The Factory Girl interviews
The Factory Girl interviews
by David Ashley
My review of the film
George Hickenlooper, who promised that this would be his last biopic (“You can’t please anybody”), directs the story of Edie Sedgwick (Sienna Miller). Sedgwick basically falls in love with Andy Warhol (Guy Pearce) and the two enter into a platonic romance of bright lights and cold shoulders. When Sedgwick’s loyalty is tested by a Dylan look-alike (Hayden Christensen), Warhol distances himself from Sedgwick and her loneliness and insecurity become her painful undoing.
Sienna Miller and Guy Pearce conducted extensive research into their characters, fortuitously drawing upon the extraordinarily large collection of film and audio archives that exist regarding Sedgwick and Warhol, and even being granted exclusive access to previously unviewed materials in the Andy Warhol Museum in Pittsburgh.
213: Are you a fan of the art that Warhol was producing in The Factory?
SM: Yeah, certain parts of it. Other parts…I think I like what it represents. Having really thought about it, I think he’s an absolute genius. He was so ahead of his time, all of them were. I just think the way he made his movies – you know, put the microphone in, make it real, he just had real people having real conversations. Flash forward to us now, in our culture, our generation is obsessed with reality TV. But he was doing it in 1965. The man was just so forward-thinking. And the mockery of America, with the Campbell’s Soup cans, throwing it back in its face…I think it was really interesting stuff. I mean, I prefer other artists, personally, but I really appreciate what he was doing. I wouldn’t mind having a “Marilyn” in my house.
One of the most impressive resources available for Pearce came from Warhol’s friend Bridget, who tape-recorded virtually every conversation they had on the phone – and they had plenty; particularly, the tape labeled “I Tell Andy Edie Died.”
213: What was Andy’s reaction on the tape?
GP: He had a number of reactions. Phone conversation goes on for five minutes and…he’s clearly shocked and stunned by what’s happened. His very first reaction is to go, “Who? What? Wh- how?? Why? Who?” He does an incredible job of evading the actual information. They end up talking about her husband, Michael Post, for a while, and then there’s this huge long pause…then Andy says, “Does he get all the money?” And then they get back into it, and Bridget’s clearly not happy with that response. There’s another big pause, they talk about some other stuff. Then Andy says, and you can tell he’s about to cry, “I just thought she was gonna pull through and get well…” So he’s – in typical Warhol fashion – I think he didn’t want to attach to the emotional response.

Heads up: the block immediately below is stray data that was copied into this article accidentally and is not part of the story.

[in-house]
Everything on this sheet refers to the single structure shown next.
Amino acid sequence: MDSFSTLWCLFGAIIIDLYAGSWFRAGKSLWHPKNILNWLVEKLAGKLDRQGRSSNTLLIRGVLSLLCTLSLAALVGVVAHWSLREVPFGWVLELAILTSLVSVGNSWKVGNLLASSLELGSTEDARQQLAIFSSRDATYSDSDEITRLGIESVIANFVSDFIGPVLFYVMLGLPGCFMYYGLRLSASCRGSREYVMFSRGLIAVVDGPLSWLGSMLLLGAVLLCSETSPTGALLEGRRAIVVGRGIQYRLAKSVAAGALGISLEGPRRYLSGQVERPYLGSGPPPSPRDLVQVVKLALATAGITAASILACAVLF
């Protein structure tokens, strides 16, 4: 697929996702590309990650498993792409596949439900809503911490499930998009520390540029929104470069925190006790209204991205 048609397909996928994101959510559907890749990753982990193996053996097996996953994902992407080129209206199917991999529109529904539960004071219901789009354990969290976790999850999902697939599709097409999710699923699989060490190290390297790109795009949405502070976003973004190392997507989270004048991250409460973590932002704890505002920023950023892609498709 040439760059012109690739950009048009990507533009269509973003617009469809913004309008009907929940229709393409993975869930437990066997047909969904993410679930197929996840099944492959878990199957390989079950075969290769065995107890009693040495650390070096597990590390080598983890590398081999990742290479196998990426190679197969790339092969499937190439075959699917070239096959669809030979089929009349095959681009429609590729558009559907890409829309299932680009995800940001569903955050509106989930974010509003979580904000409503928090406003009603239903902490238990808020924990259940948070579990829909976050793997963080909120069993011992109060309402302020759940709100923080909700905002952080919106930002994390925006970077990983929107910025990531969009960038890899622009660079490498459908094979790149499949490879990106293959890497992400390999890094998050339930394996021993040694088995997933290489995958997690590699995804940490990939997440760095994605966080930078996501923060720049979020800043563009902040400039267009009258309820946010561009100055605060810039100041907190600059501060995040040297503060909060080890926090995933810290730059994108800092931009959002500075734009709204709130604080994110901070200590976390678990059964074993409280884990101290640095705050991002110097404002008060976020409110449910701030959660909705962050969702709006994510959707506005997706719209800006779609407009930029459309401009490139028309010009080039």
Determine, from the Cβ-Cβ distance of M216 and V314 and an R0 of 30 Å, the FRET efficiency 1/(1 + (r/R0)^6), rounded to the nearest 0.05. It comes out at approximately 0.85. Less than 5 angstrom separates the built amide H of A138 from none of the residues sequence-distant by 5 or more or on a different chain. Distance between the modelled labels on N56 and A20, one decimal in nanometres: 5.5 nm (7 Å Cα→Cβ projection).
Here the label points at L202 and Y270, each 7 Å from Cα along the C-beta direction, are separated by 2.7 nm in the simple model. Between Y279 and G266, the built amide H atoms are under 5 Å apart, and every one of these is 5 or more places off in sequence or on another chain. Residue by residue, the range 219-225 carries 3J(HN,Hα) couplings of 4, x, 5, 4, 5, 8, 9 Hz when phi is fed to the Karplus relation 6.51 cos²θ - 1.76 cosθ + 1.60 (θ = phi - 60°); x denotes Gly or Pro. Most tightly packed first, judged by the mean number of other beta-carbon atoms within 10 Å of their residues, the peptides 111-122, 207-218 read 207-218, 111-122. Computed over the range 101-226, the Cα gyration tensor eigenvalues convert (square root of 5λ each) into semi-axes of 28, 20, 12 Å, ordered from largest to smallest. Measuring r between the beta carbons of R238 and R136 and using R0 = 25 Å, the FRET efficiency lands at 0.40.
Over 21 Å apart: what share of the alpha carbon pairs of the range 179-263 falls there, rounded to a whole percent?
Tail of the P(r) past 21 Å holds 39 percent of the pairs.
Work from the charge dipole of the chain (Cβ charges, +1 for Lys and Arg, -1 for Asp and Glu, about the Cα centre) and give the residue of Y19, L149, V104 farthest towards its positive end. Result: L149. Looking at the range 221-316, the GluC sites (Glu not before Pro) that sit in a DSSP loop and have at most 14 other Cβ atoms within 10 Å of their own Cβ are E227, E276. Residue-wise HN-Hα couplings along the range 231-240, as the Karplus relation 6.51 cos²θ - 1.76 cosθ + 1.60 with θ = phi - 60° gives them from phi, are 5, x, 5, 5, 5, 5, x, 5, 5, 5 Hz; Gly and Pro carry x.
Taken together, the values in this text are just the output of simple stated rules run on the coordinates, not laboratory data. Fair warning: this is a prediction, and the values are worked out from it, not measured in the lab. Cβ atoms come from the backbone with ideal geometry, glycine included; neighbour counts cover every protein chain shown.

213: Was it painful for you to play Edie?
SM: I wouldn’t say it was painful…it was emotionally draining at times, certainly. In the scene where I confront Warhol in the restaurant, that really emotional scene, was my second day of shooting – so that was, a little bit. Sometimes stuff like that happens and you just have to make a decision – sink or swim – and just have to go for it. So it was emotionally challenging, and also completely rewarding, from an acting point of view. You feel a tremendous sense of achievement when you get to a base emotion. But I really loved it, I’d be happy playing Edie for the rest of my life, it’s so interesting.
Hickenlooper comes off as deeply passionate about his project, and unfortunately a little defensive, as the film has been attacked every step of his way. Lou Reed has denounced the script, and Bob Dylan has sought legal council for a “misrepresentation of his likeness,” or some such nonsense. Have a sense of humor! [Platitudes!] History can be rewritten, after all. But then such are the foibles of those in the public eye – Sedgwick not excluded.
Hickenlooper explains the low budget the film was shot on and how close the cast & crew were during the production, bedding in the same airport hotel and spending every day as a cohesive unit – a wonderful film fairy-tale, rarely achieved.
Even Hickenlooper himself refers to the characters as “superficial and emotionally needy” and their exploits as “high school melodrama.”
213: Based on that, do you think this story is a tragdy?
GH: Yeah, of course.
213: Despite being “high school melodrama?”
GH: Yeah…she dies. She has a drug overdose. Tragedy that Andy ultimately lets her go, abandons her; she’s abandoned. It’s a universal, terrible tragedy.
I’ll be the first to agree (with the high school melodrama comment), but upon meeting the Factory’s primaries, my opinion of the film only improved as I learned how deeply personal the work was for each member.
213: Is there an impression of Edie that you want the audience to leave with?
GH: I want the audience to just…love her, and feel loss. Tonally, one of my favorite films of all-time is Midnight Cowboy, that film just resonates with me in a timeless way because it’s about loss and abandonment.
213: Why do you want to make a movie about loss?
GH: Because life is all about loss. We all die, we all lose people, life is inherently a tragedy for all of us and we just make the best out of what we can, and try to be happy. That’s what happiness is about, trying to compensate for the loss, and I think all great stories, from Shakespeare to Ancient Greeks are about loss.
conducted and transcribed by David Ashley
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- 2007/02/15 / 10:56
- 2006, andy warhol, art, ashley, bio, biopic, blog, bob dylan, david, david ashley, death, edie sedgwick, factory, factory girl, film, george hickenlooper, girl, guy pearce, hayden christensen, high school, interview, interviewed, interviews, melodrama, money, movie, music, musician, overdose, review, reviewed, screened, sienna miller, tapes, tragedy, tragic